‘Metamorphoses’ refreshing dip into fantasy

Katie Fitzgerald

On Feb. 4th, the Villanova Theatre premiered its latest production “Metamorphoses” to a much-intrigued audience.

There has been buzz on campus regarding this new addition to the theatre’s repertoire – the hour- and a half play is not only centered around a potpourri of Ovid’s mythological tales, which is a change of pace in regards to the theatre’s earlier performances, but it is also performed in a pool. Yes, a pool.

The play was not the type of conventional performance we are used to seeing – it was neither a belly-shaking comedy like “Le Dindon,” nor a gut-wrenching drama such as “Long Day’s Journey Into Night.” Instead, “Metamorphoses” fell somewhere in the theatrical gray area.

The play did not shy away from humor, for the audience members found themselves chuckling through some of the corny mythological banter, but at the same time, they could find themselves becoming enraptured in the play’s intense dramatics.

Because of its adaptability, overall the play could be best described as being an interpretive performance.

With few actors and even fewer props, much of the production was dependent on the imagination of the audience, and it is because of this that the play was such a unique theatrical experience.

The actors in this production performed brilliantly – Luke Moyer “Le Dindon, Long Days” excelled, as usual, in making the audience laugh, whereas the other actors, such as Jessica Bedford, Anthony Giampetro, Jeffrey Paden and Matt Silva, helped provide the intensity of the play.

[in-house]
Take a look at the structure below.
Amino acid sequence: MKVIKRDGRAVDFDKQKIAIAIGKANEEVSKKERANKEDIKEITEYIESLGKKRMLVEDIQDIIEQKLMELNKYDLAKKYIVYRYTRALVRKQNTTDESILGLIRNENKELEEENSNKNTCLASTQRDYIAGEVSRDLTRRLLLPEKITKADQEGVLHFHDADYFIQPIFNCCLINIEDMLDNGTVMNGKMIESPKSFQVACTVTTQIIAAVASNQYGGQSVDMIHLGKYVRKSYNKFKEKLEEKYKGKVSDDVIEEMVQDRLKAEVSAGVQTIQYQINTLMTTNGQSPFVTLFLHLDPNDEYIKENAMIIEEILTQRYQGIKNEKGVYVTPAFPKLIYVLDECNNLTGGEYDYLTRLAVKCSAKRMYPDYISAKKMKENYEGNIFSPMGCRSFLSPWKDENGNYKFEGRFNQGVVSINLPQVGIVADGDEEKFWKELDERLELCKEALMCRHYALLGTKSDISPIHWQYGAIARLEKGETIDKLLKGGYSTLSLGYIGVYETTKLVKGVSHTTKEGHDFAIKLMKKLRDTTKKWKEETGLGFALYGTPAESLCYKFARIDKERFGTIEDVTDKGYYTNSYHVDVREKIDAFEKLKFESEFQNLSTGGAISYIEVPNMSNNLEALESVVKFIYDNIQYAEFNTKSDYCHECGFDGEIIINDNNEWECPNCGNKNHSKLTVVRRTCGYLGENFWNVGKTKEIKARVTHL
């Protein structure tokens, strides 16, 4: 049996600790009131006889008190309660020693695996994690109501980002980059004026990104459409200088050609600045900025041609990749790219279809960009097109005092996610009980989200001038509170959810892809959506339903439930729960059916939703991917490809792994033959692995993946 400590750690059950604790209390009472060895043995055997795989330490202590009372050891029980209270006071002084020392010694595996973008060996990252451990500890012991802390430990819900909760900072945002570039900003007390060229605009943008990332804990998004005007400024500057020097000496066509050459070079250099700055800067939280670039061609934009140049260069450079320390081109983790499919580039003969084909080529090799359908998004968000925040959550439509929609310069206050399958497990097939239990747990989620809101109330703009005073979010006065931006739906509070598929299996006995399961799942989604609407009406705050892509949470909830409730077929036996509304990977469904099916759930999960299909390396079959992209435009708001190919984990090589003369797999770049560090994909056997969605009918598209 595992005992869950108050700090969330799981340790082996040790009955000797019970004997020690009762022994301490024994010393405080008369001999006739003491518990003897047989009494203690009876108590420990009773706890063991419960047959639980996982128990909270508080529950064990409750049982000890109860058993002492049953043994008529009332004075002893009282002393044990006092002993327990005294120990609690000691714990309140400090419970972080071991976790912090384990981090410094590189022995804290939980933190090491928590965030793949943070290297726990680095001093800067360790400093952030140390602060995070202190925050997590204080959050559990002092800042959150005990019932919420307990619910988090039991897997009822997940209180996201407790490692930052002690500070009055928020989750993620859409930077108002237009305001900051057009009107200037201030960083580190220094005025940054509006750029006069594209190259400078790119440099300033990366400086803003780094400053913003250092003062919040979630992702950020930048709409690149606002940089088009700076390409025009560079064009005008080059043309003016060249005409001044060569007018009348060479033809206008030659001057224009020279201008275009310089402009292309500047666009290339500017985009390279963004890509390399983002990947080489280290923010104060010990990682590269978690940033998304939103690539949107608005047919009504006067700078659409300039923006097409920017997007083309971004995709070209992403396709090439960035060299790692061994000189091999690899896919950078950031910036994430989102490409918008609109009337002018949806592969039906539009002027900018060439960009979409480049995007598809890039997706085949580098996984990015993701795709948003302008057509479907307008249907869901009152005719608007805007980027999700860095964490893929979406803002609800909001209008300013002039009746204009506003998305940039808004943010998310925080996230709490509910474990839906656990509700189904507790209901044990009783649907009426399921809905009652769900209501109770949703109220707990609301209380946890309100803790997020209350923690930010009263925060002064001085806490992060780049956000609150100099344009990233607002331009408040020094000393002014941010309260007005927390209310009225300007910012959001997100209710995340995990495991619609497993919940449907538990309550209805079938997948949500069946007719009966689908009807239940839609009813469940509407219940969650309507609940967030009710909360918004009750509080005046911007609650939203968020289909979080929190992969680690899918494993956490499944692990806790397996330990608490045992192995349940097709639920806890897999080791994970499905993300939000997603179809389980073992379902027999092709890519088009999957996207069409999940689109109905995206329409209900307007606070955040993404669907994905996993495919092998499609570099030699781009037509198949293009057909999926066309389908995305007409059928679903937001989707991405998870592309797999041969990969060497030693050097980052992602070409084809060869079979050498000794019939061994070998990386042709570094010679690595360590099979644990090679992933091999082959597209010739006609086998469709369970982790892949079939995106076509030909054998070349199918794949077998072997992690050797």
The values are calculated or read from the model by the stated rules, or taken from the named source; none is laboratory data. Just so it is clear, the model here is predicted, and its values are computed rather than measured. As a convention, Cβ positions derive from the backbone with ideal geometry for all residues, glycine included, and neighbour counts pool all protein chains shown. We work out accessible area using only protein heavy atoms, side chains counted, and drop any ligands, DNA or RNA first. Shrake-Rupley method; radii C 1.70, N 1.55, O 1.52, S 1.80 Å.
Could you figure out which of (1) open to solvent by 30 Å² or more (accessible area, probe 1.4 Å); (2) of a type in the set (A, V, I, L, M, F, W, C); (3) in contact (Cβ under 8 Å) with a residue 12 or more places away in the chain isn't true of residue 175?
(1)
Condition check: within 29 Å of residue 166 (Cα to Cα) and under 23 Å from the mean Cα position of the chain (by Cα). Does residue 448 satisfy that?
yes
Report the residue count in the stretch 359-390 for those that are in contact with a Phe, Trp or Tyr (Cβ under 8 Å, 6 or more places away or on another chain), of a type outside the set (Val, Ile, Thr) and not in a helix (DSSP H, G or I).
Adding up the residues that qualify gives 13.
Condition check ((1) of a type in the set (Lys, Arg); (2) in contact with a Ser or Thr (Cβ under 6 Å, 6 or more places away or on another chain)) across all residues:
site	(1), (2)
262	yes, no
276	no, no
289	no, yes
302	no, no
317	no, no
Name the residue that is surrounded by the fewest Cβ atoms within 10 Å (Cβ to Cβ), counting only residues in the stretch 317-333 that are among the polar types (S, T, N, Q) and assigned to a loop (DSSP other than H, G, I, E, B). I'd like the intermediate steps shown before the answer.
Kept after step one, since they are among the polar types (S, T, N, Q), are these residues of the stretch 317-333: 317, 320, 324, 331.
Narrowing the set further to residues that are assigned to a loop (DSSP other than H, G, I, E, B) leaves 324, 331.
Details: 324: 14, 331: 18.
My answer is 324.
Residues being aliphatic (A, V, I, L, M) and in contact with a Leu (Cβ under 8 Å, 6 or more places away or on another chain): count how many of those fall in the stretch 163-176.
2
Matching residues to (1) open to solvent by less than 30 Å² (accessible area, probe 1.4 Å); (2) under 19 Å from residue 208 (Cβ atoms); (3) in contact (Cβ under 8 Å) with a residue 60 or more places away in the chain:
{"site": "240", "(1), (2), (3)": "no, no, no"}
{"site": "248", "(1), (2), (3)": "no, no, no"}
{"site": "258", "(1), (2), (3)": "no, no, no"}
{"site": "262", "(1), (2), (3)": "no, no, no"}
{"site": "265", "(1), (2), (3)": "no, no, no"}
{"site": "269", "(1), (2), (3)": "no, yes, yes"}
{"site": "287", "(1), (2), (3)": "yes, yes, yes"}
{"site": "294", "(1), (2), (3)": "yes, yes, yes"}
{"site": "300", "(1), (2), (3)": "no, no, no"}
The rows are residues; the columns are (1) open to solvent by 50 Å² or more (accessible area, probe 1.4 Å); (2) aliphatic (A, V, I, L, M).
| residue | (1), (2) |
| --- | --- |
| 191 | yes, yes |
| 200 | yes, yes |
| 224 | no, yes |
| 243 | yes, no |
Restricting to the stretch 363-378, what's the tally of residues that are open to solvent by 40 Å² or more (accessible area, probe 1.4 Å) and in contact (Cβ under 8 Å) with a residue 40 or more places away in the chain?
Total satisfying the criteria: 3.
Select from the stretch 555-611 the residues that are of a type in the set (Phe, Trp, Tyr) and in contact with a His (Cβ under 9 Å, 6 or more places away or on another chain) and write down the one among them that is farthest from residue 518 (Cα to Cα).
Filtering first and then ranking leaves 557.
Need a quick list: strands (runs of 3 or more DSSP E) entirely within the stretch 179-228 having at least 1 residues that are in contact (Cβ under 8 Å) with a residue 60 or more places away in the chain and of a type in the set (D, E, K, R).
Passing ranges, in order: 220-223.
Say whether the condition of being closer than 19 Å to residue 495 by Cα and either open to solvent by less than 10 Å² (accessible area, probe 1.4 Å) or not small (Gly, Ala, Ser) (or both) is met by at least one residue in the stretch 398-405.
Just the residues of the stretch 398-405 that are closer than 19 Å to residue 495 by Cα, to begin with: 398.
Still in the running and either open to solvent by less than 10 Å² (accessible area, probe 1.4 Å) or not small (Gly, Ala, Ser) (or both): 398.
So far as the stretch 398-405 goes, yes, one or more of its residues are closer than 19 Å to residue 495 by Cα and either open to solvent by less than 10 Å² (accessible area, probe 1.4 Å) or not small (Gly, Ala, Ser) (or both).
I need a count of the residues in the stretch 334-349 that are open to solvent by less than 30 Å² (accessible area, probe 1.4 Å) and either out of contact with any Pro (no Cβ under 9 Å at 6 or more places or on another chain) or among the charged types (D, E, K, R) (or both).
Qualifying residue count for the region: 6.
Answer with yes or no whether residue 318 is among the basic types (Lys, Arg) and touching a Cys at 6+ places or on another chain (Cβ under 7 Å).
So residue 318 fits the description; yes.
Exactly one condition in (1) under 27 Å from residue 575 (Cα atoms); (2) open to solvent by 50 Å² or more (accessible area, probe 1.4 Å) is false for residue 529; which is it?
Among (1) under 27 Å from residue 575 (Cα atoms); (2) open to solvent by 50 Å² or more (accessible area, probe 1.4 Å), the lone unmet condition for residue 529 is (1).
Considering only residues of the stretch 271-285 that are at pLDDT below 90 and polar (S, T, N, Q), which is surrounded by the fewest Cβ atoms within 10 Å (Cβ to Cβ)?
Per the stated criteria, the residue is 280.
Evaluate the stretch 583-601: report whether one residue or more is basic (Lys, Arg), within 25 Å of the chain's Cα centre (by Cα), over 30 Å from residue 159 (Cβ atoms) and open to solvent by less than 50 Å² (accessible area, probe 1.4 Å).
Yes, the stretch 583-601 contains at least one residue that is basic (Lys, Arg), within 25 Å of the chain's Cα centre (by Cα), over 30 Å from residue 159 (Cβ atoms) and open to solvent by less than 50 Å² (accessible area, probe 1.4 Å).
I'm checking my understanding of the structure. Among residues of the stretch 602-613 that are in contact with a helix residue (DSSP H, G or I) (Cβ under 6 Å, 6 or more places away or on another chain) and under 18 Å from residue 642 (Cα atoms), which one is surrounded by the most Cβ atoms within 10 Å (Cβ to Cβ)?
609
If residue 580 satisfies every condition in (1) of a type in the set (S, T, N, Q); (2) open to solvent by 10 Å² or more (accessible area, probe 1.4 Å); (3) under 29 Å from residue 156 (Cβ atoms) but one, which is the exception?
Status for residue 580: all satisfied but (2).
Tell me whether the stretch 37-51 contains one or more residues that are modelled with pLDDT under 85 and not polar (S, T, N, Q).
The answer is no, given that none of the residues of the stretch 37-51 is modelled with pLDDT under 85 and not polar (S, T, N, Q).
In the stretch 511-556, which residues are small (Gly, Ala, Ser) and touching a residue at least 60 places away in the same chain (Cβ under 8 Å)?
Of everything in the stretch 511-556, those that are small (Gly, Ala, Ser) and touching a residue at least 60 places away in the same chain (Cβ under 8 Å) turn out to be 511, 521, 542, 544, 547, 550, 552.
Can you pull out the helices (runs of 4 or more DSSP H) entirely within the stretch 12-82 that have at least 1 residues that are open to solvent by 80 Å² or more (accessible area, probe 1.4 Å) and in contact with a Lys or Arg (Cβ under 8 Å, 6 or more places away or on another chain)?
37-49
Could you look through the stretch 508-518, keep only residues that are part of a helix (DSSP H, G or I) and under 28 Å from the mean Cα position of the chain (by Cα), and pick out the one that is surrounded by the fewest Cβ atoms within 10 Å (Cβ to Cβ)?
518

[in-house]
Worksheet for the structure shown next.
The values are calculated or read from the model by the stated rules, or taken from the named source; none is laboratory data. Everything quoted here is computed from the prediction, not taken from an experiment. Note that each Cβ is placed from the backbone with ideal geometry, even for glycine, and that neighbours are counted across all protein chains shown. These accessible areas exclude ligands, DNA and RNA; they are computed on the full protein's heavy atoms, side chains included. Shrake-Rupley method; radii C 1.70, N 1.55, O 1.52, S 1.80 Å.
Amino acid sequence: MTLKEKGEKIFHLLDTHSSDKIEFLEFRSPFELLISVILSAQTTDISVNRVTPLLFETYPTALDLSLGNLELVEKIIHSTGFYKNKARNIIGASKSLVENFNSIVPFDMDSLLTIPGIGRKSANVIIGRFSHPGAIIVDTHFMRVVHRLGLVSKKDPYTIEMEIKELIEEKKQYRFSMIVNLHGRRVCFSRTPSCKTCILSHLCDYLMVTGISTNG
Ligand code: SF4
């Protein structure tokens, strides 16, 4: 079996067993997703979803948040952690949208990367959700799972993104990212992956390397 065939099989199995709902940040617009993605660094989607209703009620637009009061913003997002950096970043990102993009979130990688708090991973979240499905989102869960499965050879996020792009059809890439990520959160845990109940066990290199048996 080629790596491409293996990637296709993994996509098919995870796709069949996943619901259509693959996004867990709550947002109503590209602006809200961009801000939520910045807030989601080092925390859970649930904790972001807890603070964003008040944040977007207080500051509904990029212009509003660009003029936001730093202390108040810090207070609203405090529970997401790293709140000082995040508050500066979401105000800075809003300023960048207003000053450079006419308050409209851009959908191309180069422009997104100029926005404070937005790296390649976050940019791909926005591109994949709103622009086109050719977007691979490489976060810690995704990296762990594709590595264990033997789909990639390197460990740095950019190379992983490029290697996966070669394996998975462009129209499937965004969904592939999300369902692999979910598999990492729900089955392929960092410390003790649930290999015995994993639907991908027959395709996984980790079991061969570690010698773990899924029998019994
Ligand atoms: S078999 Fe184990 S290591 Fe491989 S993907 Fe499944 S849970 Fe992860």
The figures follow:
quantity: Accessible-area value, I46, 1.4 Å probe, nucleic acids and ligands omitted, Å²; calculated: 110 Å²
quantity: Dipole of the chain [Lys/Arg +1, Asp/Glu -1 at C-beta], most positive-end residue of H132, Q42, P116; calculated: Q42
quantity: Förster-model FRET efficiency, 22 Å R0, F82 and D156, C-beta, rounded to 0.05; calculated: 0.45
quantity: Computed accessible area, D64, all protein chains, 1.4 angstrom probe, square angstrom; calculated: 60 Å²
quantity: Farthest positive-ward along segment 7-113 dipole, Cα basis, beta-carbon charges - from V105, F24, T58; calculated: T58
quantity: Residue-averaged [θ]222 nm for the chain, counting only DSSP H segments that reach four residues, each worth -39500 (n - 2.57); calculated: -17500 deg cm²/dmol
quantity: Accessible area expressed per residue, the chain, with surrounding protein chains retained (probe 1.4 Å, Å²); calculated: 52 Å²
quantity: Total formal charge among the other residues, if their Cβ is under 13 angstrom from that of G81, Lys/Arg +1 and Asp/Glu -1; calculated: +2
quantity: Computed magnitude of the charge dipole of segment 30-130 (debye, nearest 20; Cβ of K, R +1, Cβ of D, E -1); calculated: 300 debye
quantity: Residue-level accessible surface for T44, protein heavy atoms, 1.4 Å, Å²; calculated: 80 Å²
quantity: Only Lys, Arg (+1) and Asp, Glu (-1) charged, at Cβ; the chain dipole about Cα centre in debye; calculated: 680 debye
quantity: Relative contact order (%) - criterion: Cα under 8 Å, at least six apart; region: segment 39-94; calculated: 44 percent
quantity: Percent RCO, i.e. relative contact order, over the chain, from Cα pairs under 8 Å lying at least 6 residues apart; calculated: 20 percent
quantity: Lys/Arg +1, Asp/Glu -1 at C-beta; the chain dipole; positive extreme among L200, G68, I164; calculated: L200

Unlike previous plays, these actors had to partake in immense amounts of choreography, which resulted in the performance vacillating between being visually stimulating, and a bit over-the-top.

Props-wise, the use of the pool in the production was awe-inspiring; it is not every day one can watch a play performed almost entirely in a shallow pool. The use of this, in combination with the lone chandelier as a light source, created an amazing aesthetic effect for the audience, and the play in itself was executed flawlessly.

Therefore, the main question regarding the play was not: “Is it a well-executed performance?” but instead: “Is it worth seeing?”

This question does not garner a simple answer. It is definitely a one-of-a-kind performance. However, the problem with that answer is that most people tend to take it to have a negative connotation. That is not the case with “Metamorphoses.”

The play was definitely different – it is centered on theatrics as opposed to conventional entertainment.

The play’s collection of stories was entertaining and thought-provoking and would be highly recommended for those interested in mythology, theatre or literature.

But aside from the educational interests for the audience, it is also an ideal production to attend for those who just want to experience something different.

Since the performance as a whole was well-received by its audience, judging by the reactions in the lobby, the true answer is not dependent on the play’s worth as a regard to the (flawless) production itself, but is instead dependent on the open-minds of its audience.